Million Dollar Quartet
On a nippy November eve, I couldn’t resist the urge to pop along to the Ipswich Regent to catch Million Dollar Quartet on the final stop of its UK tour. The show has seen worldwide success in the West End, Broadway, Las Vegas, Canada and more, and it’s great that its concluded its year long UK tour here.
The story, which has been brought to life by Colin Escott and Floyd Mutrux, focuses on the date of December 4th, 1956; when four star musicians gathered at Sun Records in Memphis, the studios of legendary record producer Sam Phillips (Martin Kemp), for what would be one of the greatest jam sessions ever.
The score features hits from four icons of rock’n’roll: Elvis Presley, Johnny Cash, Jerry Lee Lewis and Carl Perkins. With songs such as Blue Suede Shoes, Fever, Hound Dog, That’s All Right, Sixteen Tons, Great Balls of Fire, Walk the Line, Whole Lotta Shakin’ Goin’ On, Who Do You Love? and many more. As its not an era of music I’m particularly knowledgeable in, I only knew a handful of the tunes, but fans would know every note I’m sure; and the show gives a great reincarnation of these hits.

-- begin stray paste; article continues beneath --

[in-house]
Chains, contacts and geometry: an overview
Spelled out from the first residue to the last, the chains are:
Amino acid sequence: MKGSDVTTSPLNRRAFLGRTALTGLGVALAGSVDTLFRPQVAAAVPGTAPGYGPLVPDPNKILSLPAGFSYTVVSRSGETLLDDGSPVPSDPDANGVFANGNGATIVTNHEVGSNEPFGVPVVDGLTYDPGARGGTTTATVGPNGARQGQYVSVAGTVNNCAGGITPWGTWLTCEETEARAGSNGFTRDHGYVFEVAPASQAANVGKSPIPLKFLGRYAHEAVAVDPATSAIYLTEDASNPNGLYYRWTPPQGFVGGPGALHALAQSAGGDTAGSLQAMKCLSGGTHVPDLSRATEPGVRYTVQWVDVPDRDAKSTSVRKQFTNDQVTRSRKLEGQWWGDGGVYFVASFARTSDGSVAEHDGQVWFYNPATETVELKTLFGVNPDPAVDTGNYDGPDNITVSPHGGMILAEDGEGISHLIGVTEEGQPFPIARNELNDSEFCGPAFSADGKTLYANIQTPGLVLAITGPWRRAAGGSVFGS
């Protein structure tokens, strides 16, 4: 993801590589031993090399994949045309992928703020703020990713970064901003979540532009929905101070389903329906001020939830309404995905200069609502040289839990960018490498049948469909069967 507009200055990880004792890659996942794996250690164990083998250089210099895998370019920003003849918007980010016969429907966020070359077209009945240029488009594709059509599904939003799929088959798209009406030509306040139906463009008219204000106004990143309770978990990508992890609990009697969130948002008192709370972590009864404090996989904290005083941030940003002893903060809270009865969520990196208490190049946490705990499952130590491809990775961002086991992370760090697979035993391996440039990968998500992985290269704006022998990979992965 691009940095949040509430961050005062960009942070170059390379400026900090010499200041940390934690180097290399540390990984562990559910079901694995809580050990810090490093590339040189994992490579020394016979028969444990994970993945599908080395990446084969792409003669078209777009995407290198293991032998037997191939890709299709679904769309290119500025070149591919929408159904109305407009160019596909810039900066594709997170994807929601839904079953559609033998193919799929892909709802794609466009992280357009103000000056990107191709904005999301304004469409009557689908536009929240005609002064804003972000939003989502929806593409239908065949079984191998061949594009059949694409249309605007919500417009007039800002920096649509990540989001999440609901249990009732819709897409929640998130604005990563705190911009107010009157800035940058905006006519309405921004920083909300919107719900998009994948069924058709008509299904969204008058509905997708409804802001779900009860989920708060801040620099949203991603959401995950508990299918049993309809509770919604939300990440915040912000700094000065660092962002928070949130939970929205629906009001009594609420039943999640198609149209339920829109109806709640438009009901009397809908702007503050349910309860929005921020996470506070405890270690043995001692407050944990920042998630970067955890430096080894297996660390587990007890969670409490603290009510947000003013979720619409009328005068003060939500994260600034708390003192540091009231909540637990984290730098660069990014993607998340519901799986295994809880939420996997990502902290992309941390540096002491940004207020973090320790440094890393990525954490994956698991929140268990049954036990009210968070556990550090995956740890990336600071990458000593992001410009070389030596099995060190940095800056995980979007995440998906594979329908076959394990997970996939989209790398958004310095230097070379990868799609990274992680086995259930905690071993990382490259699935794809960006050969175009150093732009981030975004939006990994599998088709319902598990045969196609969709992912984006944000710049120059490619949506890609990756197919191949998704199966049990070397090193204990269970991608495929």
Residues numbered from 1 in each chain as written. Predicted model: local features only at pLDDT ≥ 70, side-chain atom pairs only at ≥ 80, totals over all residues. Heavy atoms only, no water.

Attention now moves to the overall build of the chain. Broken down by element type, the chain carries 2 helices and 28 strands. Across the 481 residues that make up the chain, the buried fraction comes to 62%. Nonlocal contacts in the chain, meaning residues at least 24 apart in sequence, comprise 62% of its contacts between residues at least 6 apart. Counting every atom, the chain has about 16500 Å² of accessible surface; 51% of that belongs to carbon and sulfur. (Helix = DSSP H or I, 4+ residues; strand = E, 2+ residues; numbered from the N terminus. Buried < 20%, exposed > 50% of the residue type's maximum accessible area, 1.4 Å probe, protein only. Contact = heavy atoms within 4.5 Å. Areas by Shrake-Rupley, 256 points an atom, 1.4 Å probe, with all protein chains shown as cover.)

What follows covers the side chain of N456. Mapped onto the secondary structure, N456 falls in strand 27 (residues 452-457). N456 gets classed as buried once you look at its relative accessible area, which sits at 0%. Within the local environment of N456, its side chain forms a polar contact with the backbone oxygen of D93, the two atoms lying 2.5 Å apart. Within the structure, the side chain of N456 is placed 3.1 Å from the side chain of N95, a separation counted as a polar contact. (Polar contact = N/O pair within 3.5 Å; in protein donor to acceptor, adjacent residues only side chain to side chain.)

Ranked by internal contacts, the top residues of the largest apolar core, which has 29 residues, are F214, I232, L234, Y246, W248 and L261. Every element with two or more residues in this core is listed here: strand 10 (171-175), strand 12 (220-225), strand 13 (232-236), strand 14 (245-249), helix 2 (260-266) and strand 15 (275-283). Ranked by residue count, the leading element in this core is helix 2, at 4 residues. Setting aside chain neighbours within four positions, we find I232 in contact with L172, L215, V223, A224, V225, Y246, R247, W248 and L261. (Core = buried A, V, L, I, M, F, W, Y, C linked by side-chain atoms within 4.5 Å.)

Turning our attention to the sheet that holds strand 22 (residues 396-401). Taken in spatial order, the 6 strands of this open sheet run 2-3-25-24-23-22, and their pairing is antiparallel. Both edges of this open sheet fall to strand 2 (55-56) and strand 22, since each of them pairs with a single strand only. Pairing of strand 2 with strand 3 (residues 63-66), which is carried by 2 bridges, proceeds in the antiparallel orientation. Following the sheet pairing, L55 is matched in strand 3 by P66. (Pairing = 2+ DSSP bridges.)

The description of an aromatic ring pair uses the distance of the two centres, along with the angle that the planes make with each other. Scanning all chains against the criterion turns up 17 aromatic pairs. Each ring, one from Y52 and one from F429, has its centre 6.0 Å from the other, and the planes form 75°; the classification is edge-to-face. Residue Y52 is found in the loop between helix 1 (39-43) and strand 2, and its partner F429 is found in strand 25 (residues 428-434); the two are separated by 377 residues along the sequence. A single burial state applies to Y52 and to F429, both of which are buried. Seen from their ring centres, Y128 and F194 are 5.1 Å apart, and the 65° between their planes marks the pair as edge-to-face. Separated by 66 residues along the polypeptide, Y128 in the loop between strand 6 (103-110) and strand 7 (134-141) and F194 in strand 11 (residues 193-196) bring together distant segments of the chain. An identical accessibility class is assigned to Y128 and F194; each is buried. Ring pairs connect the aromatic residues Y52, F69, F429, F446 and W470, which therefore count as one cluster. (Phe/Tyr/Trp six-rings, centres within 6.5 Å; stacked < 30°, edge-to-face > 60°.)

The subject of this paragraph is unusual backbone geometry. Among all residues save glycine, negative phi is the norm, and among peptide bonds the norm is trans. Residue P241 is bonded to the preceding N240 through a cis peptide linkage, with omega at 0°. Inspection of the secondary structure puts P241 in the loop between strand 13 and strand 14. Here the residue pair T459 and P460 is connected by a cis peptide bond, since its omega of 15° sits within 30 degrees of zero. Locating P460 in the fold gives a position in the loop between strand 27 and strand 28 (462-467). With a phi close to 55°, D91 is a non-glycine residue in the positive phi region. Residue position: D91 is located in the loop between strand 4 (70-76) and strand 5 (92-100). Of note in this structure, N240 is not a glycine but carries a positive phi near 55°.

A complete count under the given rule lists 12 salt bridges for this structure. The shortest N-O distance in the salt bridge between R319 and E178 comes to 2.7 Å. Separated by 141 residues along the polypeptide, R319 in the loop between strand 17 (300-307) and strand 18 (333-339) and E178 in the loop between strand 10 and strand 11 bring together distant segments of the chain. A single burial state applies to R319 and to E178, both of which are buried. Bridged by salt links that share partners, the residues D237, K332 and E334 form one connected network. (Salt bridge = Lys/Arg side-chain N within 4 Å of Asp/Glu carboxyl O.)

The premise of the story is quite simple, it’s factual and entertaining; especially if you’re a fan of those four particular starlets, or the era of rock’n’roll. However, much of the story felt slightly disjointed. It just didn’t seem to flow particularly smoothly, for example I wasn’t sure whether the character of Sam Phillips was supposed to be breaking the fourth wall or not, and sometimes the flow from talking to the audience to being back in the scene just didn’t quite work. That’s not to say I didn’t enjoy it – I just felt it could do with a little bit of ironing out in order to strengthen the overall show.
The cast features Martin Kemp, star of Spandau Ballet and BBC TV’s Let It Shine judge, as Sam Phillips. Truthfully, it’s not quite as prominent of a part as the poster would lead you to believe, but understandably it pulls fans into the theatre and they’re bound to enjoy his appearance. I have to give credit to Mitchell Baggott for understudying Elvis and doing a great job, and Katie Ray for those amazing vocals. Though the star of the show for me Martin Kaye as Jerry Lee Lewis – his energy, hilarity and all-round fun vibe is what makes the show I feel.
Overall, it’s not going to be the next theatrical masterpiece and in terms of jukebox musicals in particular, I wouldn’t say its the strongest I’ve seen – but if you love 50’s rock ‘n’ roll or music in general, you’re bound to find an appeal. It’s light-hearted fun with a few laughs and some great music to support it – so much so, there were a vast number dancing in the aisles and in their seats by the end. Just get ready to shake if you’ve got tickets booked!